I’m beginning to sound like our parents. Mine never really complained about what I was listening to, but it was often apparent that – despite being open-minded about everything I tormented their ears with – they thought I had gone off my rocker when I was blasting Led Zeppelin, Judas Priest, Emerson, Lake & Palmer and other (to their ears) loud and obnoxious music out the speakers (at full volume, naturally).
Because of my upbringing in a family that listened to the broadest musical range possible, I was always willing to give just about everything a chance, and I’ve followed many a fad and have heard the oddest music available at any given time, but these last years, if not this last decade and longer, I noticed that I have basically gotten sick and tired of about 99% of the music being published. You just have to have a look at my collection that seems caught in a time warp, in permanent lock-down, to actually see the effect.
I can’t really pin-point the time when I basically stopped buying new music or keeping new music I had bought, or the day I basically threw my radio out the window, shut the various music video channels down permamently and stopped reading the more widely-circulated music mags, but it did happen, and it happened for a reason.
At some point I started noticing that what I had always considered an essential ingredient of music, ability, was becoming secondary, if not redundant.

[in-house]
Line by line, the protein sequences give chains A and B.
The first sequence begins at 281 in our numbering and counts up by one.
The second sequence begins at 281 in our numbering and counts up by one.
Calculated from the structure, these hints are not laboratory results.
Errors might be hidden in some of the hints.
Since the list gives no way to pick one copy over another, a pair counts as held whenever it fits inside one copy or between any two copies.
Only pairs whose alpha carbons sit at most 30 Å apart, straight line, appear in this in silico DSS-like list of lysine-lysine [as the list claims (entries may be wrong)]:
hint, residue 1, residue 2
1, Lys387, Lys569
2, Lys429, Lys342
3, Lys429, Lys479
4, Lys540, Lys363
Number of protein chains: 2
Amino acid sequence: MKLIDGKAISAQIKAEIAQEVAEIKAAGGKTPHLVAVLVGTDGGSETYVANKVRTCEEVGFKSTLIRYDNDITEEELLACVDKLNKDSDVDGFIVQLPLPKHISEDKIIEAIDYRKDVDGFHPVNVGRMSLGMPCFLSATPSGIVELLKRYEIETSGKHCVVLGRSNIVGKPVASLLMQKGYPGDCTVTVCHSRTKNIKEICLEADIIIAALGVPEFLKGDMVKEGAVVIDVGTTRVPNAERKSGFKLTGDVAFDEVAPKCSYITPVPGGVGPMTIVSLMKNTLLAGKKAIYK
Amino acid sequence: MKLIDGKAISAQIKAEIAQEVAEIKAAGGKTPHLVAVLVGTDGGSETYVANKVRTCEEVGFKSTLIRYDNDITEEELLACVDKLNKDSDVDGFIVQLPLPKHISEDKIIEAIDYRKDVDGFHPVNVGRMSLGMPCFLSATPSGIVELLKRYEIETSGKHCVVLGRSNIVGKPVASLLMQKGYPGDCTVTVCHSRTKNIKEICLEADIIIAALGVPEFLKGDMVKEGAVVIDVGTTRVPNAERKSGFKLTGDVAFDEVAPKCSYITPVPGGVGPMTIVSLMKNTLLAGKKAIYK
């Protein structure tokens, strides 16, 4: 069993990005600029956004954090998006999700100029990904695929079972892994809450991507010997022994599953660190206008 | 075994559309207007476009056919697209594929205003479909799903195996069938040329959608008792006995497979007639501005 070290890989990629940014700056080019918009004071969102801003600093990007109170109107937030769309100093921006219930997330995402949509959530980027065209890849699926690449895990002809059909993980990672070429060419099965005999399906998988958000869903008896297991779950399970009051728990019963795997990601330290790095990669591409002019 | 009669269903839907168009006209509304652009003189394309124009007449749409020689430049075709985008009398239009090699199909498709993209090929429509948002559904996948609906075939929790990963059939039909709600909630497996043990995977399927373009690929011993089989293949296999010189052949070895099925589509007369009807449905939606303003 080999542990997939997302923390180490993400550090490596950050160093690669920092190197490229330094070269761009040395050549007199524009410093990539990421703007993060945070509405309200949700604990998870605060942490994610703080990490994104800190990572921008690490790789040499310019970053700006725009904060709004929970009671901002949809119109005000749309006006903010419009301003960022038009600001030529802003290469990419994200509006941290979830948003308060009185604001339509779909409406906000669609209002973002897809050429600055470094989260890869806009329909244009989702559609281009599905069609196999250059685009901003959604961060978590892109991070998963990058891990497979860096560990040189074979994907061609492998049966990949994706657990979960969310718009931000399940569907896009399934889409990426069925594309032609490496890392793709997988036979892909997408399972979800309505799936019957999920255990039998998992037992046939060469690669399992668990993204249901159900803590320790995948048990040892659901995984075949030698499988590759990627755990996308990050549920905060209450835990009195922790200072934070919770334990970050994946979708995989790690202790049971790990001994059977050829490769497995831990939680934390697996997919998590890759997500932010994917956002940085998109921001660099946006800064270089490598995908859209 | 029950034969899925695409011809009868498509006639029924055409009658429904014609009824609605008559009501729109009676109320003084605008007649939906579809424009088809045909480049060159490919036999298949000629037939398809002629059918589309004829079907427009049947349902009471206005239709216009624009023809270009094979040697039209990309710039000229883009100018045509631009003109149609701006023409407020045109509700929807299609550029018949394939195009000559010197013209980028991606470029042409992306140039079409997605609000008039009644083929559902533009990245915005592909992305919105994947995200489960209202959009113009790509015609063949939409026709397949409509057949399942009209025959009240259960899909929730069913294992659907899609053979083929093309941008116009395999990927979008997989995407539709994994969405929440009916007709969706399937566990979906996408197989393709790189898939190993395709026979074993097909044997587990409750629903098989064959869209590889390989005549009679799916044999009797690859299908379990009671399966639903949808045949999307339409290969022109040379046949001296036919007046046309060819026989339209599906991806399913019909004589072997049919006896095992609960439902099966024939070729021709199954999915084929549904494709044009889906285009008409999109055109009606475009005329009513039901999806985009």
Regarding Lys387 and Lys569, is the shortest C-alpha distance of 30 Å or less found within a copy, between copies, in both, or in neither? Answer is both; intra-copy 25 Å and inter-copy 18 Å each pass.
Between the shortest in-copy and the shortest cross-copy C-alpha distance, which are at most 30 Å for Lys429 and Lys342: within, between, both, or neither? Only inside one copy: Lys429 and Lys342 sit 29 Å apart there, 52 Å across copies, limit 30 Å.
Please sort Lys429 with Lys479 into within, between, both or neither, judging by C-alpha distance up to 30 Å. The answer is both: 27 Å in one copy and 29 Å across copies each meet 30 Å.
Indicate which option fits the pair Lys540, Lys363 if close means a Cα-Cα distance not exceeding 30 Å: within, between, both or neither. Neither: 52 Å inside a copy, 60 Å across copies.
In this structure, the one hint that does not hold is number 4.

I’ve also been a teacher for a decade and a half and the tendency that is becoming apparent in a lot of the music is also something I have been able to see in consecutive generations passing through my classrooms: Having the ability to do something worthwhile and concentrating on developing skills has been pushed to the background by an ever-increasing and seemingly unstoppable desire to take the easy way out, to “make it (big)” with the least amount of effort possible and to basically become rich and famous without having the faculties. Screw ability. I can because I am. I copy, therefore I am. That kind of philosophy. Just look at all the Web 2.0 hype, perpetuated by a bunch of college students trying to make a million by the age of 24 (“Bought out by Google? Way cool, man!”), throwing out endless streams of hyped and utterly useless products that sink faster than they were put live. Listen to their invective when confronted by people with a bit more life experience, simply telling them that success is not necessarily the result of perceived grandeur. I’ve taken part in a few of those discussions and have simply given up. Delusional people who have tuned into the concept of marketing as opposed to ability and perseverance easily get mightyly frustrated and verbally aggressive when they are confronted with a simple question as to the intrinsic value of their product. And then they churn out the next one.